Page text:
cut (Unix)

From Wikipedia, the free encyclopedia
Original author(s)AT&T Bell Laboratories
Developer(s)Various open-source and commercial developers
Initial releaseFebruary 1985; 38 years ago (1985-02)
Operating systemUnix, Unix-like, IBM i
Licensecoreutils: GPLv3+

In computing, cut is a command line utility on Unix and Unix-like operating systems which is used to extract sections from each line of input — usually from a file. It is currently part of the GNU coreutils package and the BSD Base System.

Extraction of line segments can typically be done by bytes (-b), characters (-c), or fields (-f) separated by a delimiter (-d — the tab character by default). A range must be provided in each case which consists of one of N, N-M, N- (N to the end of the line), or -M (beginning of the line to M), where N and M are counted from 1 (there is no zeroth value). Since version 6, an error is thrown if you include a zeroth value. Prior to this the value was ignored and assumed to be 1.


The original Bell Labs version was written by Gottfried W. R. Luderer.[1][2] cut is part of the X/Open Portability Guide since issue 2 of 1987. It was inherited into the first version of POSIX.1 and the Single Unix Specification.[3] It first appeared in AT&T System III UNIX in 1982.[4]

The version of cut bundled in GNU coreutils was written by David M. Ihnat, David MacKenzie, and Jim Meyering.[5] The command is available as a separate package for Microsoft Windows as part of the UnxUtils collection of native Win32 ports of common GNU Unix-like utilities.[6] The cut command has also been ported to the IBM i operating system.[7]


Assuming a file named "file" containing the lines:

the quick brown fox jumps over the lazy dog

To output the fourth through tenth characters of each line:

$ cut -c 4-10 file

To output the fifth field through the end of the line of each line using the colon character as the field delimiter:

$ cut -d ":" -f 5- file
the quick brown fox jumps over the lazy dog

(note that because the colon character is not found in the last line the entire line is shown)

Option -d specified a single character delimiter (in the example above it is a colon) which serves as field separator. Option -f which specifies range of fields included in the output (here fields range from five till the end). Option -d presupposes usage of option -f.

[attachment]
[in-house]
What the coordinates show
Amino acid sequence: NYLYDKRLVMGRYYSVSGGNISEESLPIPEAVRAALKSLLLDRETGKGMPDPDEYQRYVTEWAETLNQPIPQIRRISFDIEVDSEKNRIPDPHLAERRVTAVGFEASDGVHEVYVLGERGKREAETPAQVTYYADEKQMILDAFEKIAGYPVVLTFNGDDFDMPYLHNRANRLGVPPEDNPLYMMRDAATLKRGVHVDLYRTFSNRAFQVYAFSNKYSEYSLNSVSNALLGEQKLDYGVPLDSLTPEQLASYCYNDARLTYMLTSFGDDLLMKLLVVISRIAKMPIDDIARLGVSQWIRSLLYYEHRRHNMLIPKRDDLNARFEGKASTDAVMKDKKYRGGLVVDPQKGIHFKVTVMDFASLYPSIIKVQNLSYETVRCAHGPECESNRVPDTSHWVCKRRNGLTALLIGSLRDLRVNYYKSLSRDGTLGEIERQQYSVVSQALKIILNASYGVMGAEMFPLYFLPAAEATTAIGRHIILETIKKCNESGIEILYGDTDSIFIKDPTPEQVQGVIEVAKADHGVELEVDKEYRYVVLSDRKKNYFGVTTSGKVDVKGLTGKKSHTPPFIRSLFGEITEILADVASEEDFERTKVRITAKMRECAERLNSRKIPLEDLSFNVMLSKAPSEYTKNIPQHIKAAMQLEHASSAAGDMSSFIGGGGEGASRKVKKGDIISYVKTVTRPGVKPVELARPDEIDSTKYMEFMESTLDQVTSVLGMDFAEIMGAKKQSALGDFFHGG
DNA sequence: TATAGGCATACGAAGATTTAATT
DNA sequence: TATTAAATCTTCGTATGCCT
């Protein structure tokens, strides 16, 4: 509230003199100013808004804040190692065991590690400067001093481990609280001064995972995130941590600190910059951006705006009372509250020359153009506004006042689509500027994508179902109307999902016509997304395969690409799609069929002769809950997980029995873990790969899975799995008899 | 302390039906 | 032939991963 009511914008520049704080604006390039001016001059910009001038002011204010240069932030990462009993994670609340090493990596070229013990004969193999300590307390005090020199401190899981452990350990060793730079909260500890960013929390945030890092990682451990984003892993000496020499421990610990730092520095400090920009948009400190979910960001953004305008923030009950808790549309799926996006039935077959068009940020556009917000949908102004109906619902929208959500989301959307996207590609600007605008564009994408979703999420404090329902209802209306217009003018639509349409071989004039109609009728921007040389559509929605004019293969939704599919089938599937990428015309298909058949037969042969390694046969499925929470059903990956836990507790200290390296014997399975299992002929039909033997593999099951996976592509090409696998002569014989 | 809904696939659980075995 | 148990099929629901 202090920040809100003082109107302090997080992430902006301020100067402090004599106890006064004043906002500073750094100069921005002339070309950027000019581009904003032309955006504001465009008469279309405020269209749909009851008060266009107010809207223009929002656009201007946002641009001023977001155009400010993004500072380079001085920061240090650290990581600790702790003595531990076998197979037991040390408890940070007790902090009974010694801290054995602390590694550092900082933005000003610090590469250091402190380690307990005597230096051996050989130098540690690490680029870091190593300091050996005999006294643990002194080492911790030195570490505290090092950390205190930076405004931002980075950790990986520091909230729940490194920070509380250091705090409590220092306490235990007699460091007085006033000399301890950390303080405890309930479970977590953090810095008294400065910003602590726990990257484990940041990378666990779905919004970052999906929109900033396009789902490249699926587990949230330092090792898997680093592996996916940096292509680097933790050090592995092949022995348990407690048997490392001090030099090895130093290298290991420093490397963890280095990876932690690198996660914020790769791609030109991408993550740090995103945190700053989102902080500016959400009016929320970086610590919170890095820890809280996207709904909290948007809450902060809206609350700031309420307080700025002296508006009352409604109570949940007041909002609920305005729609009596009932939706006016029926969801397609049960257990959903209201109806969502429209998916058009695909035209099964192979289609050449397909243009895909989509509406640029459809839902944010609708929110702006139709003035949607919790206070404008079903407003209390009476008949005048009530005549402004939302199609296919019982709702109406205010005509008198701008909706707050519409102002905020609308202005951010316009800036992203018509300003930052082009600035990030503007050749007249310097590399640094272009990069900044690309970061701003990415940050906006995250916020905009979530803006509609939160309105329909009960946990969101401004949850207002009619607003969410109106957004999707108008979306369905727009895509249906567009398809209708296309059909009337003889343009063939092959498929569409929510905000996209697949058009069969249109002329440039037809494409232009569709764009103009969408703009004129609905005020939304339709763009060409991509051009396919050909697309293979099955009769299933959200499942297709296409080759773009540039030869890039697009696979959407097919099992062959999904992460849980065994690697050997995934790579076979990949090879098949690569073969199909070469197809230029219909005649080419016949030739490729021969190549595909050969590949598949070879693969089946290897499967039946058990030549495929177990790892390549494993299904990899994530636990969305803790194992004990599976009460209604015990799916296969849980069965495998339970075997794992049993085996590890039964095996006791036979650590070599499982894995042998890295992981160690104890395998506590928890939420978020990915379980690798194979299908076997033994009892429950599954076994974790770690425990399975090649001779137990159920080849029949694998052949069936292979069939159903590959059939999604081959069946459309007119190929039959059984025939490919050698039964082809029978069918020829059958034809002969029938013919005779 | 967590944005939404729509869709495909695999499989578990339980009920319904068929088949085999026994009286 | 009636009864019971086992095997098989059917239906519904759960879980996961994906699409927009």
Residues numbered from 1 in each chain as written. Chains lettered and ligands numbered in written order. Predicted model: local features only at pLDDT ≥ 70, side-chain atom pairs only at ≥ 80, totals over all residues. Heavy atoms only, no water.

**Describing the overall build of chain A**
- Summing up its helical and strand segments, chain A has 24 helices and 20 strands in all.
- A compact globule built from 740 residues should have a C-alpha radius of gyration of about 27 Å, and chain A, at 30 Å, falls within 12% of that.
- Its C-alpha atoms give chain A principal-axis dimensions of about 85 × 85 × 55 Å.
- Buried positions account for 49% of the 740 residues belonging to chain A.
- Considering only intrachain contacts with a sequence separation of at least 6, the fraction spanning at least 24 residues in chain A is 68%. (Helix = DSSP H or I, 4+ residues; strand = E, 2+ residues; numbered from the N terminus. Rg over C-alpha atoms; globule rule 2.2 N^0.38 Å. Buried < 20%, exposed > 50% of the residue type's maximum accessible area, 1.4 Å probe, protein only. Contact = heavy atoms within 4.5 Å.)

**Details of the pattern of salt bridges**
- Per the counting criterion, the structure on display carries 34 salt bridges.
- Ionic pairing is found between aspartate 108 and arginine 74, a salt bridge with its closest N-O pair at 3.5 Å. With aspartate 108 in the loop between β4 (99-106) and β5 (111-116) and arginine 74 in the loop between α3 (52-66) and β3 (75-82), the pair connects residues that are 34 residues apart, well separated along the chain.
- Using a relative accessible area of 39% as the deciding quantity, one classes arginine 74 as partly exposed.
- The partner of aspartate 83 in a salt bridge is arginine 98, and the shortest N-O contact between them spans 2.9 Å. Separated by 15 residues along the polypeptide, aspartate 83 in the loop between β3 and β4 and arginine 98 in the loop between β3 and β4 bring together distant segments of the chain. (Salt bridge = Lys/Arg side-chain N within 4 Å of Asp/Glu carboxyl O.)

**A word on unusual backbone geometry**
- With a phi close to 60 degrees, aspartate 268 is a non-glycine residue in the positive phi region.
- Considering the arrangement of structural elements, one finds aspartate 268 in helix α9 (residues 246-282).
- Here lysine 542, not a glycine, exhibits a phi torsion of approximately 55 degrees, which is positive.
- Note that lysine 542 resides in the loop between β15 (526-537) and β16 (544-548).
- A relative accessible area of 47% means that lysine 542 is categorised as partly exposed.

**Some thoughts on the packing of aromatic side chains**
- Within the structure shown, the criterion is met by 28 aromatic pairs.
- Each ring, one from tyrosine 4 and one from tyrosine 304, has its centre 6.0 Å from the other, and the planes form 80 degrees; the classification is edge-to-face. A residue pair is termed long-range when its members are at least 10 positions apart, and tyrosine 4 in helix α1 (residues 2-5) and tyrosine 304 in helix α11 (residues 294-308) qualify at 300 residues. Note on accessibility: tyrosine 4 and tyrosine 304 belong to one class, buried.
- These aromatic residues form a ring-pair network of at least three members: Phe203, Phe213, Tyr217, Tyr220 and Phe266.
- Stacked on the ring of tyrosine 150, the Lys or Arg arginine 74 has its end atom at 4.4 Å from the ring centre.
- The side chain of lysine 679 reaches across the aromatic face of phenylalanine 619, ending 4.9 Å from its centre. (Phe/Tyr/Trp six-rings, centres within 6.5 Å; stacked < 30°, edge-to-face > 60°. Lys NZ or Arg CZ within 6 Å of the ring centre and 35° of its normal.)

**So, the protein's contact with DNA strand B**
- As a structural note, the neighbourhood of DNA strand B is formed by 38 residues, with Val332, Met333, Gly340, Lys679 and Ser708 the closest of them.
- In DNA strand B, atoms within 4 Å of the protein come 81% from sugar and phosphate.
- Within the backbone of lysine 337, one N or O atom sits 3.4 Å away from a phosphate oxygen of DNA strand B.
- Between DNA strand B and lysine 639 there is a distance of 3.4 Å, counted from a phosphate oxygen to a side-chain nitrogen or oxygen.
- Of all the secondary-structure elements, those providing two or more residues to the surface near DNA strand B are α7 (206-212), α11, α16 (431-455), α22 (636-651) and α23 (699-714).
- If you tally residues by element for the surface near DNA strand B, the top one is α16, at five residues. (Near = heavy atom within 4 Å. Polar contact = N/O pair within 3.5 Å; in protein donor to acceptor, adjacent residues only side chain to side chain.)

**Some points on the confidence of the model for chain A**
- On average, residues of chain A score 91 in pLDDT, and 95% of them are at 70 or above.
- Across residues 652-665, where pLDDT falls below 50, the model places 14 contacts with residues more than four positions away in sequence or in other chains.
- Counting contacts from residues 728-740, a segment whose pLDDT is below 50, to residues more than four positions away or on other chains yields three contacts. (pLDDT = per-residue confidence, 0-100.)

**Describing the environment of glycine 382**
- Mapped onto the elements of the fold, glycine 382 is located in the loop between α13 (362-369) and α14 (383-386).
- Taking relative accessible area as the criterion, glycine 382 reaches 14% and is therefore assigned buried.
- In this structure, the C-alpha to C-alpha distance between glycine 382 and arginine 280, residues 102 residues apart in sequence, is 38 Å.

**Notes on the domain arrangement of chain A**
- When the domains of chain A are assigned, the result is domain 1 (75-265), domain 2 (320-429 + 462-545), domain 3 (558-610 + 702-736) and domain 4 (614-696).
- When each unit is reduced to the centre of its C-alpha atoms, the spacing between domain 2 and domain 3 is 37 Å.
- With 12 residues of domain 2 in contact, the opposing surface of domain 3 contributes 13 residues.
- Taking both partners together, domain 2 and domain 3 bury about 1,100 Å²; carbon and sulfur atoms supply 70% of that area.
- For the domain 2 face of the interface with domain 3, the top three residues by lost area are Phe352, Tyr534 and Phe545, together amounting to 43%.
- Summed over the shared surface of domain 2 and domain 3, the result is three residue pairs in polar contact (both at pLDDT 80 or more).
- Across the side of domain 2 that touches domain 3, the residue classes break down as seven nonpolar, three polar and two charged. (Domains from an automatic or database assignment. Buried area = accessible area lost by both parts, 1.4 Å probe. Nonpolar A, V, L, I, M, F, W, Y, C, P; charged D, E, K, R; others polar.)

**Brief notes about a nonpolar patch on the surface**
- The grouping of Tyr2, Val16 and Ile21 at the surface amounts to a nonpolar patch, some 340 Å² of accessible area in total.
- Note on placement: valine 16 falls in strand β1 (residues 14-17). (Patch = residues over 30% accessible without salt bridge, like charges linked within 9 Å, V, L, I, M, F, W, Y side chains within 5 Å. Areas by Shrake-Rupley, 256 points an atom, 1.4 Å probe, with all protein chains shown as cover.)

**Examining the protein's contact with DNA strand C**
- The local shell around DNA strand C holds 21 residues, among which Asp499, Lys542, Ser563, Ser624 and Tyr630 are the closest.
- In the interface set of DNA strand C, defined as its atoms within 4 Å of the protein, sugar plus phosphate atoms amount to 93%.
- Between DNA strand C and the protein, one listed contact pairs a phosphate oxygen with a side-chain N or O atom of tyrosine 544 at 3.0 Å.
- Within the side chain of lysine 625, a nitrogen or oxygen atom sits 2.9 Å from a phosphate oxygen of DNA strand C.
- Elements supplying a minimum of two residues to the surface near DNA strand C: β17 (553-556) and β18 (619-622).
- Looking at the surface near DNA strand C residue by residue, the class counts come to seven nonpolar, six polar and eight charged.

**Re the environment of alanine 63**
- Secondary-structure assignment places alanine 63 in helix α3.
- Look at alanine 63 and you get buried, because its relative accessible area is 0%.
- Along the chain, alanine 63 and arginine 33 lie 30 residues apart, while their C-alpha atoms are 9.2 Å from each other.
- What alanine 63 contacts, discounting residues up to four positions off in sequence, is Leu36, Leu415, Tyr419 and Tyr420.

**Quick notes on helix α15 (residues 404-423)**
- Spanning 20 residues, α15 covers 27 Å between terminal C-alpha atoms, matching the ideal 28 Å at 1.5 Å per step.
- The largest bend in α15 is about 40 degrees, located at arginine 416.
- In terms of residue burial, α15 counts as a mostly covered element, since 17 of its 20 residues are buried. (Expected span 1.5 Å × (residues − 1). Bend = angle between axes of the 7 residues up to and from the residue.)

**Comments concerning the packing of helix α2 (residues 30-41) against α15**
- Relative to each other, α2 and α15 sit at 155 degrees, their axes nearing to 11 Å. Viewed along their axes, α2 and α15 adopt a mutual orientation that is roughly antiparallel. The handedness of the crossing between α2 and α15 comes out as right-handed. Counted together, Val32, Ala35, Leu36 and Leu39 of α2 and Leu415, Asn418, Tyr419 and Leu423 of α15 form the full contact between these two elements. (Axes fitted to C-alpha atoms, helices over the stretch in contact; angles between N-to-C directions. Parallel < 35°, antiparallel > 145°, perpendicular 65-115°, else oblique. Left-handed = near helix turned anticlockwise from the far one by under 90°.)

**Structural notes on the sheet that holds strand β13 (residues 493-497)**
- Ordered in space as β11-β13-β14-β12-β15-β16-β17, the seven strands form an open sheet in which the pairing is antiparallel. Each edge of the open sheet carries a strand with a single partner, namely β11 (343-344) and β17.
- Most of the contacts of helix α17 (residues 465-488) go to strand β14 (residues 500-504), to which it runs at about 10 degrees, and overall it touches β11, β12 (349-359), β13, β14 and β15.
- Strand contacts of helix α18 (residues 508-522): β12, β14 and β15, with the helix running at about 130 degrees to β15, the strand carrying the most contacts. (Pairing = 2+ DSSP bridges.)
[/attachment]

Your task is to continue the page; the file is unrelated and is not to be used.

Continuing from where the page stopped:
To output the third field of each line using space as the field delimiter:

$ cut -d " " -f 3 file

(Note that because the space character is not found in the first three lines these entire lines are shown.)

To separate two words having any delimiter:

$ line=process.processid
$ cut -d "." -f1 <<< $line
$ cut -d "." -f2 <<< $line


cut [-b list] [-c list] [-f list] [-n] [-d delim] [-s] [file]

Flags which may be used include:

Bytes; a list following -b specifies a range of bytes which will be returned, e.g. cut -b1-66 would return the first 66 bytes of a line. NB If used in conjunction with -n, no multi-byte characters will be split. NNB. -b will only work on input lines of less than 1023 bytes
Characters; a list following -c specifies a range of characters which will be returned, e.g. cut -c1-66 would return the first 66 characters of a line
Specifies a field list, separated by a delimiter
A comma separated or blank separated list of integer denoted fields, incrementally ordered. The - indicator may be supplied as shorthand to allow inclusion of ranges of fields e.g. 4-6 for ranges 4–6 or 5- as shorthand for field 5 to the end, etc.
Used in combination with -b suppresses splits of multi-byte characters
Delimiter; the character immediately following the -d option is the field delimiter for use in conjunction with the -f option; the default delimiter is tab. Space and other characters with special meanings within the context of the shell in use must be enquoted or escaped as necessary.
Bypasses lines which contain no field delimiters when -f is specified, unless otherwise indicated.
The file (and accompanying path if necessary) to process as input. If no file is specified then standard input will be used.

See also[edit]


  1. ^ "cut(1) - OpenBSD manual pages".
  2. ^ "[TUHS] A portrait of cut(1)". 15 January 2020.
  3. ^ cut – Shell and Utilities Reference, The Single UNIX Specification, Version 4 from The Open Group
  4. ^ cut(1) – FreeBSD General Commands Manual
  5. ^ cut(1) – Linux General Commands Manual
  6. ^ "Native Win32 ports of some GNU utilities".
  7. ^ IBM. "IBM System i Version 7.2 Programming Qshell" (PDF). IBM. Archived (PDF) from the original on 2020-09-18. Retrieved 2020-09-05.

External links[edit]